New EU Regulation on Packaging and Packaging Waste (PPWR)
The Packaging Directive 94/62/EC in 1994 oversees the marketing and management of packaging and packaging waste. It imposes fundamental requirements on the composition and recoverable and reusable nature of packaging for all items sold on the EU market. In 2014, a fitness check of the Directive revealed the necessity for more explicit and well-defined regulations concerning the composition and the recyclable, reusable, and recoverable nature of packaging. Thus, the PPWR replaces the previous Packaging and Packaging Waste Directive of 1994.
In this regard, the European Commission has released a proposition on packaging and packaging waste (PPWR) in the EU on November 30, 2022. The general objective of the proposal is to establish a fully harmonized regulatory framework for packaging that facilitates the efficient functioning of the internal market, while simultaneously addressing the adverse impacts of packaging and packaging waste on the environment and public health. The Commission’s proposal also includes specific goals, which are (i) to decrease the production of packaging waste, (ii) to encourage a cost-effective circular economy for packaging, and (iii) to advocate for the use of recycled materials in packaging. Based on these objectives, Member States will have to reduce their per capita production of packaging waste by 5% by 2030, with a subsequent increase to 10% by 2035, and finally reaching 15% by 2040 in comparison to the levels observed in 2018.
In fact, the presence of packaging is vital in ensuring the protection and safe transportation of goods, and it also serves as a significant contributor to the EU’s economic activity. However, due to differences in regulatory approaches among Member States, there are obstacles that hinder the internal market for packaging from functioning effectively.
The implementation of the PPWR would result in several outcomes, including:
- establishment of clear and uniform rules concerning packaging that will enhance long-term planning security for packaging-related investments.
- It has also a positive impact on the internal market, promoting fair competition among packaging manufacturers.
- effective prevention of packaging waste will lead to a reduction in the expenses incurred during waste collection and treatment.
- It is anticipated to create new business models based on reusable, closed-loop packaging solutions.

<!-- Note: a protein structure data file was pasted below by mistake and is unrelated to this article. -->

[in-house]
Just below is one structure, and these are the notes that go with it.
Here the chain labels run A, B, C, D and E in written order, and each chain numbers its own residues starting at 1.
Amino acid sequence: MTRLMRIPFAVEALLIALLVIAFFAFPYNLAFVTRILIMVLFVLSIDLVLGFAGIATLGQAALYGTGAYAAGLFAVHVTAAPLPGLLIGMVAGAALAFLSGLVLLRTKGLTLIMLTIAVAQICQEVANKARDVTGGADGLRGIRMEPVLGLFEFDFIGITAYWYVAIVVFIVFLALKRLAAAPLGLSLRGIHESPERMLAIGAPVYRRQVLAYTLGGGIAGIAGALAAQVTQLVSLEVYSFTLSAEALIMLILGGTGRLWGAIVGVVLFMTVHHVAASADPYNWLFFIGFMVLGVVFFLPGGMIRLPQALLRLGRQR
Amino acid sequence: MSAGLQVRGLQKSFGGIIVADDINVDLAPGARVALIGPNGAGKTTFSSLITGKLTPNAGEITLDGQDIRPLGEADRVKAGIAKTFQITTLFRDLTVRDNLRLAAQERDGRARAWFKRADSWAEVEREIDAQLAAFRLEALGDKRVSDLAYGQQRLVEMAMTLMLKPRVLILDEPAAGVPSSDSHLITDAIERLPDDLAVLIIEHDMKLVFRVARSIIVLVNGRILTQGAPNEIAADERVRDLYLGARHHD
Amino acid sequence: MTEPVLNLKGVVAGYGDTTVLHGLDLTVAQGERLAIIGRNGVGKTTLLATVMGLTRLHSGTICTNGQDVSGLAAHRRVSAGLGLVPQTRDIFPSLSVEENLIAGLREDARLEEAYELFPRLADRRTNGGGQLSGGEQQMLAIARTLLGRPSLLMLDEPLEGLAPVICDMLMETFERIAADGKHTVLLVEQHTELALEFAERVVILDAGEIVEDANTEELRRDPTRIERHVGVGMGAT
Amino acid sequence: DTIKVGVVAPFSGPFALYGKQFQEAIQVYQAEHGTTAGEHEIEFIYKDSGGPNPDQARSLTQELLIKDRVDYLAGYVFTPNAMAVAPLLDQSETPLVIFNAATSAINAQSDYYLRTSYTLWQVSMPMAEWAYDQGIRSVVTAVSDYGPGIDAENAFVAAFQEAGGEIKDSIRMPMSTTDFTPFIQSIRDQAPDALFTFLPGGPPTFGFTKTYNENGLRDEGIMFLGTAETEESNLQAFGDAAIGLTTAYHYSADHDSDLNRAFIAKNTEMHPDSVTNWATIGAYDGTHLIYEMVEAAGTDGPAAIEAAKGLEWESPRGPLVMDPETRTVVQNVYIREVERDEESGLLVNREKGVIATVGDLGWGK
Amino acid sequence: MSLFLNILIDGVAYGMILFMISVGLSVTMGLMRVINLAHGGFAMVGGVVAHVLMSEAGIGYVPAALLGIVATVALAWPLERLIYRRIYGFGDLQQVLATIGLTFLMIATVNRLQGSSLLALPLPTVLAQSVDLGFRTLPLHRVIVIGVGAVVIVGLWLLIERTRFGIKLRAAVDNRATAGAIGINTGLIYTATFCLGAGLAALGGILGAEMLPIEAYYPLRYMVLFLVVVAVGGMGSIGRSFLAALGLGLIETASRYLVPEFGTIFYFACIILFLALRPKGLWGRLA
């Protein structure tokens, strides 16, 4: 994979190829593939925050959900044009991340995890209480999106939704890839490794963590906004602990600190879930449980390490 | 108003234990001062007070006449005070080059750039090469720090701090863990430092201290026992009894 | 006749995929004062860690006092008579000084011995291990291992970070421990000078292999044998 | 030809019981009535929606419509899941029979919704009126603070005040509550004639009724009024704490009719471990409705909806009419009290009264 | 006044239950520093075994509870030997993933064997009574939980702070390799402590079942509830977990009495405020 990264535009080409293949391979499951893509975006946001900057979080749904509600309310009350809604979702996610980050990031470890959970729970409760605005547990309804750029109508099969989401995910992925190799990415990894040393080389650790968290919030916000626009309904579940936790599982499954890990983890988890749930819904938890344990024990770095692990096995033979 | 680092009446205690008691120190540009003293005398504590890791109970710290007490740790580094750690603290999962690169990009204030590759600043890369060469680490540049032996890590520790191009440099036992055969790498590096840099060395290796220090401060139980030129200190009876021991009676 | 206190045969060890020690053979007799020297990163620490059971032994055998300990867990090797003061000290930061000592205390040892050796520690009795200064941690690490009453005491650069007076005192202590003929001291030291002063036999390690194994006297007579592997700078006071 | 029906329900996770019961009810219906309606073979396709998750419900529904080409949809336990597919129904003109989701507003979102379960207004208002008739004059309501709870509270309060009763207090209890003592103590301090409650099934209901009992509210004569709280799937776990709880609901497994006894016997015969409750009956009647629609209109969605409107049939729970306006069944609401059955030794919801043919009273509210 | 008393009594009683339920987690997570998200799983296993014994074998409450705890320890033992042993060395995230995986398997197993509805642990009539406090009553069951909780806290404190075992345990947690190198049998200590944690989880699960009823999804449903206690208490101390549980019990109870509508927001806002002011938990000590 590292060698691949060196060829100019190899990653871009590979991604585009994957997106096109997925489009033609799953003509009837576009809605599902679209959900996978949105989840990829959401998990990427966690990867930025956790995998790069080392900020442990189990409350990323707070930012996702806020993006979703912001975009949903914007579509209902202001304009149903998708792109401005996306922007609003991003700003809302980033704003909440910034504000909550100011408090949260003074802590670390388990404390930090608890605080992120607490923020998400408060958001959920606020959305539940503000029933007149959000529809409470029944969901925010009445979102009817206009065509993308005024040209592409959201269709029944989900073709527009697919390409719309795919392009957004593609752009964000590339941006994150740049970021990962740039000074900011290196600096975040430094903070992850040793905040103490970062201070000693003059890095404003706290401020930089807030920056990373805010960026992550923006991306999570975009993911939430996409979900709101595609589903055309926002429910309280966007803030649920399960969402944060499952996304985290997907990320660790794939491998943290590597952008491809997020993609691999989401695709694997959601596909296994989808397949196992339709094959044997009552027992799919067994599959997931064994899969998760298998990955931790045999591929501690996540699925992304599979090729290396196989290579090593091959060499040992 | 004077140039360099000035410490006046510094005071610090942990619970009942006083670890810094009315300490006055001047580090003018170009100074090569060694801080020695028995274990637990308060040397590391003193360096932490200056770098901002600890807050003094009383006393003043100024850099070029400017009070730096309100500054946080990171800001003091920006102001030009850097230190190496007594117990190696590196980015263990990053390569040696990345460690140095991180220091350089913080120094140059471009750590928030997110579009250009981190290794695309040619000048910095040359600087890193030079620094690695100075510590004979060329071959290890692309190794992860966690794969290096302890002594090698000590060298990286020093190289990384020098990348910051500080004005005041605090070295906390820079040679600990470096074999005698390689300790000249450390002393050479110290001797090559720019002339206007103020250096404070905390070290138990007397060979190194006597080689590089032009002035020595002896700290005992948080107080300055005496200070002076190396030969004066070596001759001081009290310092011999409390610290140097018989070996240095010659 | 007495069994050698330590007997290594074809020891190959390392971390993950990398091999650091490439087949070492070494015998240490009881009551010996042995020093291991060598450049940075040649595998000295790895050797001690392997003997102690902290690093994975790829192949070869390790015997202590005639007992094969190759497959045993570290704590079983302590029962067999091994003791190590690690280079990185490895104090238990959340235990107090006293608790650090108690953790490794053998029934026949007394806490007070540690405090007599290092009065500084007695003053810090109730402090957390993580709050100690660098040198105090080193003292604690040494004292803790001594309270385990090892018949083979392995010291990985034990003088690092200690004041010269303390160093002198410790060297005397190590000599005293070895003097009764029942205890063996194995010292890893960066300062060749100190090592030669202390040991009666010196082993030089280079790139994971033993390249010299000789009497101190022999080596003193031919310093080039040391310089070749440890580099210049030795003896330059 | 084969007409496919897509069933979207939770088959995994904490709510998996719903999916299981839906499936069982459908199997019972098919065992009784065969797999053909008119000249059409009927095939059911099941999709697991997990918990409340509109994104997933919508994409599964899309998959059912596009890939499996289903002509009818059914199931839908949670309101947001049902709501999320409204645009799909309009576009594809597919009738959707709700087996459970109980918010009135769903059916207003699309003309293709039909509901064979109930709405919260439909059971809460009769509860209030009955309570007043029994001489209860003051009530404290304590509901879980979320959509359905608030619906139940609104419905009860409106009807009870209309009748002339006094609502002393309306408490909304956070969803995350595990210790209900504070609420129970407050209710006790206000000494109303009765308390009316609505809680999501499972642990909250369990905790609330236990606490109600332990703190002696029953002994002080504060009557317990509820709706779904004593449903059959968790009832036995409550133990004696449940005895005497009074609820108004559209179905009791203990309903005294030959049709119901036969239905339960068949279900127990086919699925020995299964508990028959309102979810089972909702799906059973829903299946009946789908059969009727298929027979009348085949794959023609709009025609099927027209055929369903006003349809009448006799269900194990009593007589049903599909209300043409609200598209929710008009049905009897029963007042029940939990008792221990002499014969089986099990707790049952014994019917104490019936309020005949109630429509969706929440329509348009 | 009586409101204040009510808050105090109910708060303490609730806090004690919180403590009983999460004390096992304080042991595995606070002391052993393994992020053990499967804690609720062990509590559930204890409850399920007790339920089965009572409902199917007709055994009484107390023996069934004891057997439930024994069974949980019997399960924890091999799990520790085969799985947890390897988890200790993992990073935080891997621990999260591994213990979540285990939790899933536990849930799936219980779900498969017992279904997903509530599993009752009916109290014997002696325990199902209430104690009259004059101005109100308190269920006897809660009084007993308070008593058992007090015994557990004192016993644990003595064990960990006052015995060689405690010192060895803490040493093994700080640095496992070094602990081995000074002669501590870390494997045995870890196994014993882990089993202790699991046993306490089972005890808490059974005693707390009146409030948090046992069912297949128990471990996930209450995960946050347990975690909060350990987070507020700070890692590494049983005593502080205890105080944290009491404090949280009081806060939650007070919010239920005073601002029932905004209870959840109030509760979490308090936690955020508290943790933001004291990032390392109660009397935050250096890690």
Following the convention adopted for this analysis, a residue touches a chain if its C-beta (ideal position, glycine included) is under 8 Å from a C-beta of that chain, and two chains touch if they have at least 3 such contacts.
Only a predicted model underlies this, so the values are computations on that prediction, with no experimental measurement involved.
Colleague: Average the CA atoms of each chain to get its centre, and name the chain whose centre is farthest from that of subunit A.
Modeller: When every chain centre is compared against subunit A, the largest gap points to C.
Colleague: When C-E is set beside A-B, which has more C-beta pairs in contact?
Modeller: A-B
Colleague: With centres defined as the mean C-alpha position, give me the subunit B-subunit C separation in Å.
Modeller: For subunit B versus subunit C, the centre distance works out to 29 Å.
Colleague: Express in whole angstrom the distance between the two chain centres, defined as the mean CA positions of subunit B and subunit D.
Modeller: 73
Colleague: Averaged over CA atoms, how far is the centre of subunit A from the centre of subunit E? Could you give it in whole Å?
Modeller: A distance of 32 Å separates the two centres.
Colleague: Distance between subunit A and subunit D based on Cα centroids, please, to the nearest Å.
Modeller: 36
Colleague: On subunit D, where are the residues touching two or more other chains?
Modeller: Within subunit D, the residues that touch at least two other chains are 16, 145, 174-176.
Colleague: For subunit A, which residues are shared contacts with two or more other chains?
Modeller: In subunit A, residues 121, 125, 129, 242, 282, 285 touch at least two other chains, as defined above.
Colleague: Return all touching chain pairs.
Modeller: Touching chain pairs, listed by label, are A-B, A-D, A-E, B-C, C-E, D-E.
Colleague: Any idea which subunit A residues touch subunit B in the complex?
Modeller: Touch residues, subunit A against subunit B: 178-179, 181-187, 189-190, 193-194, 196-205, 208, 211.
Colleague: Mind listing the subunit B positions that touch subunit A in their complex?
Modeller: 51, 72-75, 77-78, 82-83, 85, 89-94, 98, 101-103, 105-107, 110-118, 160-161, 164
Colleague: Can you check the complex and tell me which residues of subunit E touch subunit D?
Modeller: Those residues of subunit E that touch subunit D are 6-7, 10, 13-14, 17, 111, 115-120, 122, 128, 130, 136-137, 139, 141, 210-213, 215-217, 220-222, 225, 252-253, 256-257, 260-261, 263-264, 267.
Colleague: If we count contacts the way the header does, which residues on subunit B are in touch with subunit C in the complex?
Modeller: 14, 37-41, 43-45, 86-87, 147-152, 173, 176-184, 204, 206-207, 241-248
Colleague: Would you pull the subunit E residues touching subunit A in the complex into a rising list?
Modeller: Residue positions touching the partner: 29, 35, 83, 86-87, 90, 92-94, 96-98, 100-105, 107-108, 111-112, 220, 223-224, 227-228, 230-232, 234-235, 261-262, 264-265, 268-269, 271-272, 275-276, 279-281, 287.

- the measures aimed at reducing packaging waste would necessitate the adoption of new business and consumption models by producers, retailers, and consumers.
- the PPWR will also take into account the impact on employment and job creation
- the anticipated shift towards reusable packaging, increased recycling, and the development of a more competitive secondary material market are expected to have favorable impacts on job creation.
- the implications of the PPWR on consumer safety and hygiene, particularly concerning food packaging and contact materials, would be evaluated more carefully, considering the lessons learned from the COVID-19 pandemic.
It is worth mentioning that, the PPWR may have some indirect impacts on the use of Incoterms 2020 in international trade transactions as well. The regulation aims to improve the sustainability of packaging in the EU and sets new targets for the collection, recycling, and reuse of packaging waste. These targets could affect the packaging requirements for goods being traded, and this could indirectly impact the use of Incoterms 2020. For instance, if a company needs to change its packaging materials to comply with the new EU regulation, it may need to adjust the delivery terms under the Incoterms 2020 to reflect the new packaging requirements. The companies may also need to consider the cost implications of complying with the new packaging waste regulation and factor these into their negotiations of trade terms under Incoterms 2020. Hence, it could indirectly impact the packaging requirements, and cost implications of complying with the regulation may need to be considered during negotiations of trade terms under Incoterms 2020.
In conclusion, the new EU Packaging and Packaging Waste Regulation represents a significant step towards a more circular economy in the EU to harmonize the different national packaging waste management systems across the EU, encourage the reduction of packaging waste, and improve data reporting to ensure that data is reported consistently across the EU. Moreover, by setting new targets for recycling and improving the sustainability of packaging, the PPWR aims to reduce the environmental impact of packaging waste and to promote more sustainable use of resources.
 A fitness check is an evaluation of the effectiveness, efficiency, coherence, relevance, and EU-added value of an existing EU law or policy. In the context of EU directives, a fitness check is an assessment of whether the directive is achieving its intended objectives and whether its benefits outweigh its costs.
- Posted by Niloofar Foroozanfar
- On 18 Maggio 2023